Some redness, swelling, blistering, and oozing of fluid are all common results of cryotherapy. Healing time can vary by the site treated and the cryotherapy technique used. When cryogen is applied directly to the growth, healing may occur in three weeks. Growths treated on the head and neck with the spray technique may take four to six weeks to heal, while growths treated on other areas of the body may take considerably longer. Cryotherapy boasts high success rates in permanently removing skin growths; even for malignant lesions such as squamous cell and basal cell cancers, studies have shown a cure rate of up to 98%. For certain types of growths such as some forms of warts, repeat treatments over several weeks are necessary to prevent the growth's return.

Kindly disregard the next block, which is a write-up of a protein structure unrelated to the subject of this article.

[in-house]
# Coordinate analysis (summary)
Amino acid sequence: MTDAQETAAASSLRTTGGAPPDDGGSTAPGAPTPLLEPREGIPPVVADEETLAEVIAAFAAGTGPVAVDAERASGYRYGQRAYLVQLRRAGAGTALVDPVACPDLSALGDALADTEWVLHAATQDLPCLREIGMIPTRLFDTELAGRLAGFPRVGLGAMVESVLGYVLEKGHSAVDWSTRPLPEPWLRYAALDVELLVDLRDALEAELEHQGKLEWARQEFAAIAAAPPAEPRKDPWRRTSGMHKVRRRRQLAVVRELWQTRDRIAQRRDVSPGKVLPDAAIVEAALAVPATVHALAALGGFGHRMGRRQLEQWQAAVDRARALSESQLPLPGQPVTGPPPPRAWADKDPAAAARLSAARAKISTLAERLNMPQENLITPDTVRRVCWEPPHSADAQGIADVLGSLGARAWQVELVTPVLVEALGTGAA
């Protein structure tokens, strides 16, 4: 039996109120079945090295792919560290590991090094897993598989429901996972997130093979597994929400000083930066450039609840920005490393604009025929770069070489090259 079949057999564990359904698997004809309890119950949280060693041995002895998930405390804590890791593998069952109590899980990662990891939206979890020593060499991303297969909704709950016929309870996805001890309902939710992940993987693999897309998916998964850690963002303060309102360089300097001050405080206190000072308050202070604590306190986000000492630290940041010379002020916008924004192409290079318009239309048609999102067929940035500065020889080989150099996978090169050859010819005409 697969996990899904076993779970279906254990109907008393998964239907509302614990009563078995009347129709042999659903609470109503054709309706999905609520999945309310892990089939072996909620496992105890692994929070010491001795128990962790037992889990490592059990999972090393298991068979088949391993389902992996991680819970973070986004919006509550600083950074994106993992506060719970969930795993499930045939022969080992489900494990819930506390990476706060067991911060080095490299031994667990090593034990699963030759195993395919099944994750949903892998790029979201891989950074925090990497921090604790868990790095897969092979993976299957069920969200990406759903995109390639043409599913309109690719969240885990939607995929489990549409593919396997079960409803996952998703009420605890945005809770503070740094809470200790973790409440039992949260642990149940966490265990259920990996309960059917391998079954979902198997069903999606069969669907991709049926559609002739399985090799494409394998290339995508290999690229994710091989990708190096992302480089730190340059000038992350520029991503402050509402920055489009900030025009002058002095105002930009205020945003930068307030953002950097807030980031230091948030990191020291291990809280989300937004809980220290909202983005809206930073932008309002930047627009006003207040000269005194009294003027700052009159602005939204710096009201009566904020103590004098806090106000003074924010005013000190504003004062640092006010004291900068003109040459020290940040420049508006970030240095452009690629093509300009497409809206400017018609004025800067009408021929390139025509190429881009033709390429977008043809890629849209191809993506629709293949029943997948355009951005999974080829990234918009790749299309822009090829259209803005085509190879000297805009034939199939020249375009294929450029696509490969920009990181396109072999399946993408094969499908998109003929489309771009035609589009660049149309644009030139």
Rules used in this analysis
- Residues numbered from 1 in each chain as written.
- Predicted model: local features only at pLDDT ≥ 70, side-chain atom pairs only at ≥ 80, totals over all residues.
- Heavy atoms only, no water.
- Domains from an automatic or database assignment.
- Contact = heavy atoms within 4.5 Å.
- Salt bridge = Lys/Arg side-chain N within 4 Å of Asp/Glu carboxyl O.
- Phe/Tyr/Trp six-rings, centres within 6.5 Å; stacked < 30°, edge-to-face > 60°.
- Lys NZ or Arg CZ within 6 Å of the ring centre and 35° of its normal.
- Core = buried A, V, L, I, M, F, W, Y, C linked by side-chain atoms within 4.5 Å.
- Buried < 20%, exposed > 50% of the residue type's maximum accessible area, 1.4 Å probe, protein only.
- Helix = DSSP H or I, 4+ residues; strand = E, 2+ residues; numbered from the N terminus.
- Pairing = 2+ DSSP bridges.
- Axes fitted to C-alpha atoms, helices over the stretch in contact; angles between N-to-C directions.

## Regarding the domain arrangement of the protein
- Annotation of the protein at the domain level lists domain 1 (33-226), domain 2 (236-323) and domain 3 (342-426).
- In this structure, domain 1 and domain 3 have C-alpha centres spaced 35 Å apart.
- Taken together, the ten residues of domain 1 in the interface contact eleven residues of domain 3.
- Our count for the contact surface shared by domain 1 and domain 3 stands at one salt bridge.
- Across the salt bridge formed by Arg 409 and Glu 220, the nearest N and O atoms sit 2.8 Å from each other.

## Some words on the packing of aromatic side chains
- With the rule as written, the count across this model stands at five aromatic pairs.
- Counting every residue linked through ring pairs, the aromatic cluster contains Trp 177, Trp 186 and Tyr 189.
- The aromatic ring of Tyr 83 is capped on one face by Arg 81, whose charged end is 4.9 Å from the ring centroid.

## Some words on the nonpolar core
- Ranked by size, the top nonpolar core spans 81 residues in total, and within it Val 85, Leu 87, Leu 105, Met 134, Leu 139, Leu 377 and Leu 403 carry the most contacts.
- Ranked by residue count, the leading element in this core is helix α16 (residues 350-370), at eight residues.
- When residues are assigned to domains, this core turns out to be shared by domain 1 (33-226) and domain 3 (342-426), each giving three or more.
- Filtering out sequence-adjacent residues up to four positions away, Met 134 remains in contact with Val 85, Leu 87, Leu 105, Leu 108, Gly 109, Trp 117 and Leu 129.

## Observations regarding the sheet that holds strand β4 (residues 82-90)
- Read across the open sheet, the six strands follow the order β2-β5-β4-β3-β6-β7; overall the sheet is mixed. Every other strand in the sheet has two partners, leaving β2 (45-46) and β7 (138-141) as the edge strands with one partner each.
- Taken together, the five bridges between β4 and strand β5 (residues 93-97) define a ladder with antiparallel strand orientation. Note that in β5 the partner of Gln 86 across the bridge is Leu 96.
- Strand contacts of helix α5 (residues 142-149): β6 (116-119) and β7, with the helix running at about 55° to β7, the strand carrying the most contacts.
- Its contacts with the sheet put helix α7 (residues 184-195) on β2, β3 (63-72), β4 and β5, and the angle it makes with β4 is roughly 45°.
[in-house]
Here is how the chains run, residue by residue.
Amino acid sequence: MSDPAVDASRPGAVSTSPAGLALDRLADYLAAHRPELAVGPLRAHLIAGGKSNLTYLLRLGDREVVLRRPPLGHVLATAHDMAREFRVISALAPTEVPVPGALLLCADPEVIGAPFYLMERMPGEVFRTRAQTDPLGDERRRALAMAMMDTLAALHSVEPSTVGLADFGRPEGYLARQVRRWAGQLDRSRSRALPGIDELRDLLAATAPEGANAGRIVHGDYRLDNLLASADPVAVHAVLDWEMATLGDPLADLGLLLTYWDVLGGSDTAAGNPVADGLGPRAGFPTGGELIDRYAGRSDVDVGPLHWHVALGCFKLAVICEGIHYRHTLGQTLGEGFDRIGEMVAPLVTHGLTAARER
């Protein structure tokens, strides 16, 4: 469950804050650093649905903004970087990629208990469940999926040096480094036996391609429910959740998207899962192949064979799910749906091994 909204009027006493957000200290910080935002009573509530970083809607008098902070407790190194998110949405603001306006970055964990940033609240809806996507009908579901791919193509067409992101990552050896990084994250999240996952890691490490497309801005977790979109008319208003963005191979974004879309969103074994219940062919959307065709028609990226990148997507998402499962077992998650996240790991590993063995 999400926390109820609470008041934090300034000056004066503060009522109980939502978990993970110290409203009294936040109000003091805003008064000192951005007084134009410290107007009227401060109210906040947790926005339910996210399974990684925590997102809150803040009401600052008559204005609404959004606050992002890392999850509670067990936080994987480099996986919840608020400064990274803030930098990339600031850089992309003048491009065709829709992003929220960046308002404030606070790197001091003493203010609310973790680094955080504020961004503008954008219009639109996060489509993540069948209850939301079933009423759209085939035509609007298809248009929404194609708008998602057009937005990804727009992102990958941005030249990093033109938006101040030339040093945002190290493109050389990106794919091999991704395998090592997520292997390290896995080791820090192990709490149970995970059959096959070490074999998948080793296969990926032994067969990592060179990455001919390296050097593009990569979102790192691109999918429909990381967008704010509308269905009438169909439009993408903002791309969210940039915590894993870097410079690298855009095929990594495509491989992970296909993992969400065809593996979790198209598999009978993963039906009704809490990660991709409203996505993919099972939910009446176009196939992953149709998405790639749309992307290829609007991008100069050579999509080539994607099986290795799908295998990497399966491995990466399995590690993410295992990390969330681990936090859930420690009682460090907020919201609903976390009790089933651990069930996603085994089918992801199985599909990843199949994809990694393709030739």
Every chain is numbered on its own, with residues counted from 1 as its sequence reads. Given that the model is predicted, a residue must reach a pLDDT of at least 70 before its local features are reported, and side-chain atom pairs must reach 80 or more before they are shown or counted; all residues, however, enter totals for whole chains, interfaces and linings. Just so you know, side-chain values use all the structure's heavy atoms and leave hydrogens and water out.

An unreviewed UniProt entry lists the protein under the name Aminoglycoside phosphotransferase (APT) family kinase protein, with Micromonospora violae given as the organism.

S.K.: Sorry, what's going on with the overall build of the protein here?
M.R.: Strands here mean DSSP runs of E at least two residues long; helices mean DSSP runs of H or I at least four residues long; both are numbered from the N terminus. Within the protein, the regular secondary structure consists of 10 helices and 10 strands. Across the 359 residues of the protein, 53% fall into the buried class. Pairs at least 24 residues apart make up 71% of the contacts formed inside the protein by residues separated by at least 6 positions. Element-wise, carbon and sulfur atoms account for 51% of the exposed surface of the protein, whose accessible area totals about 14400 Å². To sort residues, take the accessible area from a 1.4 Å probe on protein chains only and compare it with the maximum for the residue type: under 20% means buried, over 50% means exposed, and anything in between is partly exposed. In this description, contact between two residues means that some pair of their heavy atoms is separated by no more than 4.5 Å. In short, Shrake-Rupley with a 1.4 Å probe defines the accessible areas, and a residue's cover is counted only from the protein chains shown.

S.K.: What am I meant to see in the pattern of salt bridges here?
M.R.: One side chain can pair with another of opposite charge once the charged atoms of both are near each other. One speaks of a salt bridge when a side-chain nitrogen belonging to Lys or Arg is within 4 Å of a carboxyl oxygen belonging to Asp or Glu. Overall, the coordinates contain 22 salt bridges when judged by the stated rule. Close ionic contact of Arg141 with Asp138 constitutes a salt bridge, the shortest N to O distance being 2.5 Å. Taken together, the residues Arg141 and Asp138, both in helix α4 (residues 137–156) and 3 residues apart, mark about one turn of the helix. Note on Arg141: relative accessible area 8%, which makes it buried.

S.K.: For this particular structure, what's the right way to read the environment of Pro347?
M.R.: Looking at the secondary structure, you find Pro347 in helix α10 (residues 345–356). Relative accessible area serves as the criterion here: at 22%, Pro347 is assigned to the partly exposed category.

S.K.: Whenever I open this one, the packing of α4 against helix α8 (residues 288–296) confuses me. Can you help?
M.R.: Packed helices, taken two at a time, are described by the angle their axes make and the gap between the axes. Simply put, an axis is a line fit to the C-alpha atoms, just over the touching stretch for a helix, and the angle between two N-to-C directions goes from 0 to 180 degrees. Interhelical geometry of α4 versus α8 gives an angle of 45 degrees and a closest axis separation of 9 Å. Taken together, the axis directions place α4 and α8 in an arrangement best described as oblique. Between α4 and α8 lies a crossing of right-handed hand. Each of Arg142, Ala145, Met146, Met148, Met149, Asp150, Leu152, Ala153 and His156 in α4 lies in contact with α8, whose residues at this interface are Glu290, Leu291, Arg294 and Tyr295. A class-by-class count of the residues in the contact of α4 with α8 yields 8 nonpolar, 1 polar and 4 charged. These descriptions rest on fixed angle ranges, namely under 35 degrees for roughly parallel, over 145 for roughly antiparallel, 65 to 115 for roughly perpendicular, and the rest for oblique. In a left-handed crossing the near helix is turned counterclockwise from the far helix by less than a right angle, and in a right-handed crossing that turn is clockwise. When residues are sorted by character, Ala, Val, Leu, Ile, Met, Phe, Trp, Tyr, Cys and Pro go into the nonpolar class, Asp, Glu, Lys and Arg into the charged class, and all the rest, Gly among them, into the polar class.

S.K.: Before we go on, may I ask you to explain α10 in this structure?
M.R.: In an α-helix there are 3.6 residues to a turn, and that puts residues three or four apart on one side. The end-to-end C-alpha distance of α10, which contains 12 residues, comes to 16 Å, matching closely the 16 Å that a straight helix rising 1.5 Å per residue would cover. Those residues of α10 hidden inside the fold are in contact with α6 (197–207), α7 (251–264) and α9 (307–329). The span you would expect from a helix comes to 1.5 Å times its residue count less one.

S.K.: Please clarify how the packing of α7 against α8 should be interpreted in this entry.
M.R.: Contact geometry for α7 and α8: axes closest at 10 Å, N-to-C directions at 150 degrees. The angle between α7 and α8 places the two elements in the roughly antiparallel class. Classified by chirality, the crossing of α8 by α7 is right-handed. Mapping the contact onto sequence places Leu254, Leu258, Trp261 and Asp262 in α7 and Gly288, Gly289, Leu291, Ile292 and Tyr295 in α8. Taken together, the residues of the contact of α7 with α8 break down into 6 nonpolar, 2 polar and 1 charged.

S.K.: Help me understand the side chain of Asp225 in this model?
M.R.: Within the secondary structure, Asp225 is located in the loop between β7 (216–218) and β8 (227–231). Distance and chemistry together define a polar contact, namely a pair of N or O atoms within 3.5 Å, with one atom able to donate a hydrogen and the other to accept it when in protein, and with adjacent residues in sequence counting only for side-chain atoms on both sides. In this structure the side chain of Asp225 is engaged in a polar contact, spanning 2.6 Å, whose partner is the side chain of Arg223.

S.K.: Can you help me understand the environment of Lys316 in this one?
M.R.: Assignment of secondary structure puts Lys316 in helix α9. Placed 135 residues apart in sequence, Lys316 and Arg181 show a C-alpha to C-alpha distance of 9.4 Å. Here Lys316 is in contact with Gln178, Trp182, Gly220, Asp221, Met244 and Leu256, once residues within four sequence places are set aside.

Alternatives to cryotherapy depend on the specific medical condition being treated. A general alternative is the use of conventional surgical procedures.
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American Academy of Dermatology. 930 N. Meacham Road, P.O. Box 4014, Schaumburg, IL 60168-4014. (847) 330-0230. Fax: (847) 330-0050. http://www.aad.org .
American Society for Dermatologic Surgery. 930 N. Meacham Road, PO Box 4014, Schaumburg, IL 60168-4014. (847) 330-9830. http://www.asds-net.org .
"Cryotherapy." Family Practice Notebook. http://www.fpnotebook.com/DER233.htm. .
Richard H. Camer
Monique Laberge, PhD
Cryotherapy is performed by the treating physician, who may be a gynecologist (cervical cryotherapy) or a dermatologist (wart removal) or an oncologist ( tumor removal ). The procedure is usually carried out on an outpatient basis, but may require a hospital setting depending on the condition requiring the cryotherapy.